Eye For Film >> Movies >> The Truman Show (1998) Film Review
The Truman Show
Reviewed by: Angus Wolfe Murray
It is difficult to discuss The Truman Show without risking disclosure. Surprises of this magnitude are like discovering your mother is a cauliflower. Anyone who remembers Capricorn One will understand. Those who don't, should not attempt to find out. Be like Truman Burbank. Blissful and unaware.
He is 30, married to Meryl (Laura Linney), a nurse, living on the island of Seahaven in what appears to be perfect harmony. The 'burbs are clean and freshly painted and people wave and call "Hello" in the street. It could be the Fifties. Or Anytime.
He has a job as an insurance salesman. He is H.A.P.P.Y. Except he can't forget Lauren (Natascha McElhone). He can't forget his father, either, who drowned in a boating accident when Truman was a boy. As a result, he's terrified of water and won't use the ferry, won't leave the island. He loved Lauren. She was different. She had an energy that belonged to a rebel spirit, but also to something else. Was it passion? She tried to persuade him to run away. She said stuff he didn't understand, about people watching and things not being real. She was sent to Fiji. She disappeared. Suddenly.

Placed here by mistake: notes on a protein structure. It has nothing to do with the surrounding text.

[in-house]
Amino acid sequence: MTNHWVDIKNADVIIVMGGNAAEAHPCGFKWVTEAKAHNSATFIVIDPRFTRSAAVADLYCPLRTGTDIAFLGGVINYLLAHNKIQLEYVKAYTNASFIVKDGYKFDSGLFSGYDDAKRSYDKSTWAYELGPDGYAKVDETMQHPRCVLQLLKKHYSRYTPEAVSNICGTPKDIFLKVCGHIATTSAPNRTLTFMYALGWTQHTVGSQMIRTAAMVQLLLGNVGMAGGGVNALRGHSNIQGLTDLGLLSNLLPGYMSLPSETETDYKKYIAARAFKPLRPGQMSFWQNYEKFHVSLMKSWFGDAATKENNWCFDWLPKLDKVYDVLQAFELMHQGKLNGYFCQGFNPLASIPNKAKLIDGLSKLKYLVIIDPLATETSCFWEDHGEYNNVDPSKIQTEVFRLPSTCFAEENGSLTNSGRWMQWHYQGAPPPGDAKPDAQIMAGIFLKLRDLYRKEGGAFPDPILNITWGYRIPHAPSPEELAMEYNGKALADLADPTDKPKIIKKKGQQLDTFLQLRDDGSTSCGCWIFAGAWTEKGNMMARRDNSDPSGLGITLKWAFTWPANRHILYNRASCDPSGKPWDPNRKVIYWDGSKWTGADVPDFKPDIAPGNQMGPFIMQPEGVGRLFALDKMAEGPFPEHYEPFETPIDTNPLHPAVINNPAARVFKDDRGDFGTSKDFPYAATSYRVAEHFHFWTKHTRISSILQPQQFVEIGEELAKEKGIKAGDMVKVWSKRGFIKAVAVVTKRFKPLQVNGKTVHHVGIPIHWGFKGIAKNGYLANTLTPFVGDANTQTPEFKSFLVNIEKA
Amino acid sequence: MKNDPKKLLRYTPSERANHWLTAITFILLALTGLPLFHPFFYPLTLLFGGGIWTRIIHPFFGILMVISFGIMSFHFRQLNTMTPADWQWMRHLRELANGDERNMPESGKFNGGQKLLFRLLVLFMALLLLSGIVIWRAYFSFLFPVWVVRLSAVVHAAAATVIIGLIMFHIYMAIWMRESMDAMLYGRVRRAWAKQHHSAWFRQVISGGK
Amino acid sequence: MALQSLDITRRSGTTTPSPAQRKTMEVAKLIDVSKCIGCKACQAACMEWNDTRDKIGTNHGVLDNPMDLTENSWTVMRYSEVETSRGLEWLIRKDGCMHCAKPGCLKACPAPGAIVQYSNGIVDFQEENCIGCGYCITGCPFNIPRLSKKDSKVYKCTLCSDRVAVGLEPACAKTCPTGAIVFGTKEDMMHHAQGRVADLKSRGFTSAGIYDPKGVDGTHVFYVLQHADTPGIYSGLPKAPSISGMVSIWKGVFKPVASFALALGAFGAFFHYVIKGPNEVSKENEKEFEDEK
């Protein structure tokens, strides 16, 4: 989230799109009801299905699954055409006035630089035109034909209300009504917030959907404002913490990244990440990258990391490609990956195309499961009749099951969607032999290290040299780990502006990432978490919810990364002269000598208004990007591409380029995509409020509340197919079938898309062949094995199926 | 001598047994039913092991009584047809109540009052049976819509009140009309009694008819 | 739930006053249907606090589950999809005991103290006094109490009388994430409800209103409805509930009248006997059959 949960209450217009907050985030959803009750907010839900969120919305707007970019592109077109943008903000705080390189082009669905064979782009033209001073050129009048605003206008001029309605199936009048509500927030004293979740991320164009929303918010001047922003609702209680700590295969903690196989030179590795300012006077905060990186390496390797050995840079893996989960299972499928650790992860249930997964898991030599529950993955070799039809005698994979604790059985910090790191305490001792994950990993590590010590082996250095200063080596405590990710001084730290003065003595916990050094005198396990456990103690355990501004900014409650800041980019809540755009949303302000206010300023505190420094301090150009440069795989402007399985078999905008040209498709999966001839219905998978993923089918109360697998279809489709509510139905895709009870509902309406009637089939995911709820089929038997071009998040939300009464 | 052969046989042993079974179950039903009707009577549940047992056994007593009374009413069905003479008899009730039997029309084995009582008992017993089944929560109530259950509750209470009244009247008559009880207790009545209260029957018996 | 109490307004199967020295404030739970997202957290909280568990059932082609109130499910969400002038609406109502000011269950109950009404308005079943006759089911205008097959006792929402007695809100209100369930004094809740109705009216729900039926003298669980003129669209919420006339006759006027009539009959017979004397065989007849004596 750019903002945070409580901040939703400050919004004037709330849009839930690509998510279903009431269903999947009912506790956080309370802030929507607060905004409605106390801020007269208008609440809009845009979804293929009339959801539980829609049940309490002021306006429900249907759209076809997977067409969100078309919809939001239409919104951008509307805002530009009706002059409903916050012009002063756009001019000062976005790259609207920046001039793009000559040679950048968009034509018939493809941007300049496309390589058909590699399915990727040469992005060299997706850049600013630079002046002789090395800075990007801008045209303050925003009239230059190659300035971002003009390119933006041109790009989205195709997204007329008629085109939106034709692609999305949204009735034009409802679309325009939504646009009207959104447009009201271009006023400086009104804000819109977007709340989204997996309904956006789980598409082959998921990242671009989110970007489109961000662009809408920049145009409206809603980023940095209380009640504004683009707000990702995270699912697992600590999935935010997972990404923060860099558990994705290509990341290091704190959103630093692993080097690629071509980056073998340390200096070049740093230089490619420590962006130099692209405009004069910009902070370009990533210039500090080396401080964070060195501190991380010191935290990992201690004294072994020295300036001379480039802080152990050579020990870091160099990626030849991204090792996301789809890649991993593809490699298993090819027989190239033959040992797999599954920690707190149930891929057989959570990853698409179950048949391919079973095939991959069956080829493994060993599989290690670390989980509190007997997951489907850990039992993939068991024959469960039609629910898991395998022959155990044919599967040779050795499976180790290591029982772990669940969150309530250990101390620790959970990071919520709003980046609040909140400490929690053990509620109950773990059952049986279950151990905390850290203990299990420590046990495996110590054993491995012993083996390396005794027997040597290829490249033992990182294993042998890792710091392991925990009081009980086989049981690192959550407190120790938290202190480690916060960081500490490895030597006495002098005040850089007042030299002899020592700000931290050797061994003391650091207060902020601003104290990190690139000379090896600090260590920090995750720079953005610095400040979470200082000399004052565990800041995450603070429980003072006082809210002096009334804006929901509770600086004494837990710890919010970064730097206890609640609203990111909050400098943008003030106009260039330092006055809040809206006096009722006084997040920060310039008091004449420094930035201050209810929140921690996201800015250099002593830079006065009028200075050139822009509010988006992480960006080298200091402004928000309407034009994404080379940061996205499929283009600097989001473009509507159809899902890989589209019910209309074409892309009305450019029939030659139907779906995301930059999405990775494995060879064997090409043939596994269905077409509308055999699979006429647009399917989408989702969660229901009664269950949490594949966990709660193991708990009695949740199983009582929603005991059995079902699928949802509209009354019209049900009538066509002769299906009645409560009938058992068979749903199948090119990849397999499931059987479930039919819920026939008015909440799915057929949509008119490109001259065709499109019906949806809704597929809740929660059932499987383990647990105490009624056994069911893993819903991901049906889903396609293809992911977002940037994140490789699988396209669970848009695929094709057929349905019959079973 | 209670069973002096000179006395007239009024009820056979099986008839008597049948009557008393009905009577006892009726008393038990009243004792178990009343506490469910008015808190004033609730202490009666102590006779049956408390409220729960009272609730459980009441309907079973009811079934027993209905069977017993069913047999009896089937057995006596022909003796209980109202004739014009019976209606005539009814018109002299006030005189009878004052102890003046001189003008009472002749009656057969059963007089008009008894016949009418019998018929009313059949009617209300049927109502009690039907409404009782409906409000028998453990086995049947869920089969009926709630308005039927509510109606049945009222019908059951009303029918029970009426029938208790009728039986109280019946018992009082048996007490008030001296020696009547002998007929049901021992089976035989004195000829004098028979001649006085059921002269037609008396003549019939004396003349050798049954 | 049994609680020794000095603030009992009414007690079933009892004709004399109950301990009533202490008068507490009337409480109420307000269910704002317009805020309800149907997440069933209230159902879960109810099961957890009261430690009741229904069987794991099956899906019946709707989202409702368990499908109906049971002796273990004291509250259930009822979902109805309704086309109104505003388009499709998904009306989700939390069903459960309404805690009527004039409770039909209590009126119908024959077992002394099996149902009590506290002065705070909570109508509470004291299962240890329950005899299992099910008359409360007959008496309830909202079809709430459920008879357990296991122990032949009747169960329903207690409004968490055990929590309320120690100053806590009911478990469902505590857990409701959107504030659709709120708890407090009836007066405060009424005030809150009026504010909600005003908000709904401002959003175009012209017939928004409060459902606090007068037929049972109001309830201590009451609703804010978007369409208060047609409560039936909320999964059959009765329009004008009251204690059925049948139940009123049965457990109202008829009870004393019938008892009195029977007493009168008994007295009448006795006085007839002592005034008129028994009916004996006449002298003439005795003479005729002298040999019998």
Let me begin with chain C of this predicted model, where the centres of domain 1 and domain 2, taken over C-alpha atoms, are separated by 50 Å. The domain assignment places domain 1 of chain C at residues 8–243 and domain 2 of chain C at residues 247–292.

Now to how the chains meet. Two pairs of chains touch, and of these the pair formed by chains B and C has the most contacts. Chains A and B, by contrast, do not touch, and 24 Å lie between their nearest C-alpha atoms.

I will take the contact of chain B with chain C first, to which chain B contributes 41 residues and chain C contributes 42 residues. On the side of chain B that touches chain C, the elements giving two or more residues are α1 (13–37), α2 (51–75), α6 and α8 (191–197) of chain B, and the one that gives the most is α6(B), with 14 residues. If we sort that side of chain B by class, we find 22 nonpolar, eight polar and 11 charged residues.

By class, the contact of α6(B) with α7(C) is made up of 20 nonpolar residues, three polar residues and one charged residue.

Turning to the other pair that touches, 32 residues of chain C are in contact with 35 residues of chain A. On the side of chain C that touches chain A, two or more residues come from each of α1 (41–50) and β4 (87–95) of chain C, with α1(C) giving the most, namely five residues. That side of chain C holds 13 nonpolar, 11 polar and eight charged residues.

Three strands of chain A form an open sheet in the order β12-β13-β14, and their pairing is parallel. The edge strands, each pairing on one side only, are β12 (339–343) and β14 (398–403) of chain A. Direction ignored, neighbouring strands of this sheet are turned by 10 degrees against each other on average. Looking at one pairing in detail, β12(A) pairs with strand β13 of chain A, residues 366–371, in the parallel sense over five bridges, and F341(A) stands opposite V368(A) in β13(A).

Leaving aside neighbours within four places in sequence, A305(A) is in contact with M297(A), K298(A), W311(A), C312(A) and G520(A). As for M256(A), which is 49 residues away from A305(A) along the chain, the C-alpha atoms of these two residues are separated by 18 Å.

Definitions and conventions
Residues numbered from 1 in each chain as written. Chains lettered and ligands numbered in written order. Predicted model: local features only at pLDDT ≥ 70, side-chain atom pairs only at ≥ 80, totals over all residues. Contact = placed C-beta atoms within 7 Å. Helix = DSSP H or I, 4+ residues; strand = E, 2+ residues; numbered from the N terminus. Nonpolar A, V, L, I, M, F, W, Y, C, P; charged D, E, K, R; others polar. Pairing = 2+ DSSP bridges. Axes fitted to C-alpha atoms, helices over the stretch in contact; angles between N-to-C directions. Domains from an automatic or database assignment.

Meryl is nice. She always has a smile on her face. Marlon (Noah Emmerich) is nice, too. Whenever Truman's feeling low, he appears at the door with a six pack and they hunker down and shoot the breeze. Marlon has been Truman's best friend since as long as they can remember. He's always there when needed. He's dependable, like Meryl. Is everyone?
Truman begins to notice that familiarity has a pattern, like the same people walk down the same streets at the same time every day. He imagines he sees his dead dad in a crowd, dressed as a bum. He can't stop thinking of Lauren. He plans to escape. He hoards travel brochures of Fiji. You might suspect he was on the verge of a nervous breakdown, if such a thing existed in Seahaven. It doesn't. Therefore he isn't. He begins to behave like a character in someone else's movie.
Peter Weir has created a working world, influenced by Norman Rockwell, inhabited by Central Casting. The concept is a practical joke. Or is it? Doubts arising from the question suggest an alternative universe, as if nothing is and everything might be.
Jim Carrey throws off his clownish mannerisms and gives a sympathetic performance of a naive man discovering a little knowledge. He could so easily have milked the humour. He doesn't. He plays for real. This is a new departure for him and it works wonderfully. The Carrey/Truman bond is essential for high ratings. Pick up your FREE TRUMAN BURBANK badge on the way out. Showbiz Rules OK?Reviewed on: 19 Jan 2001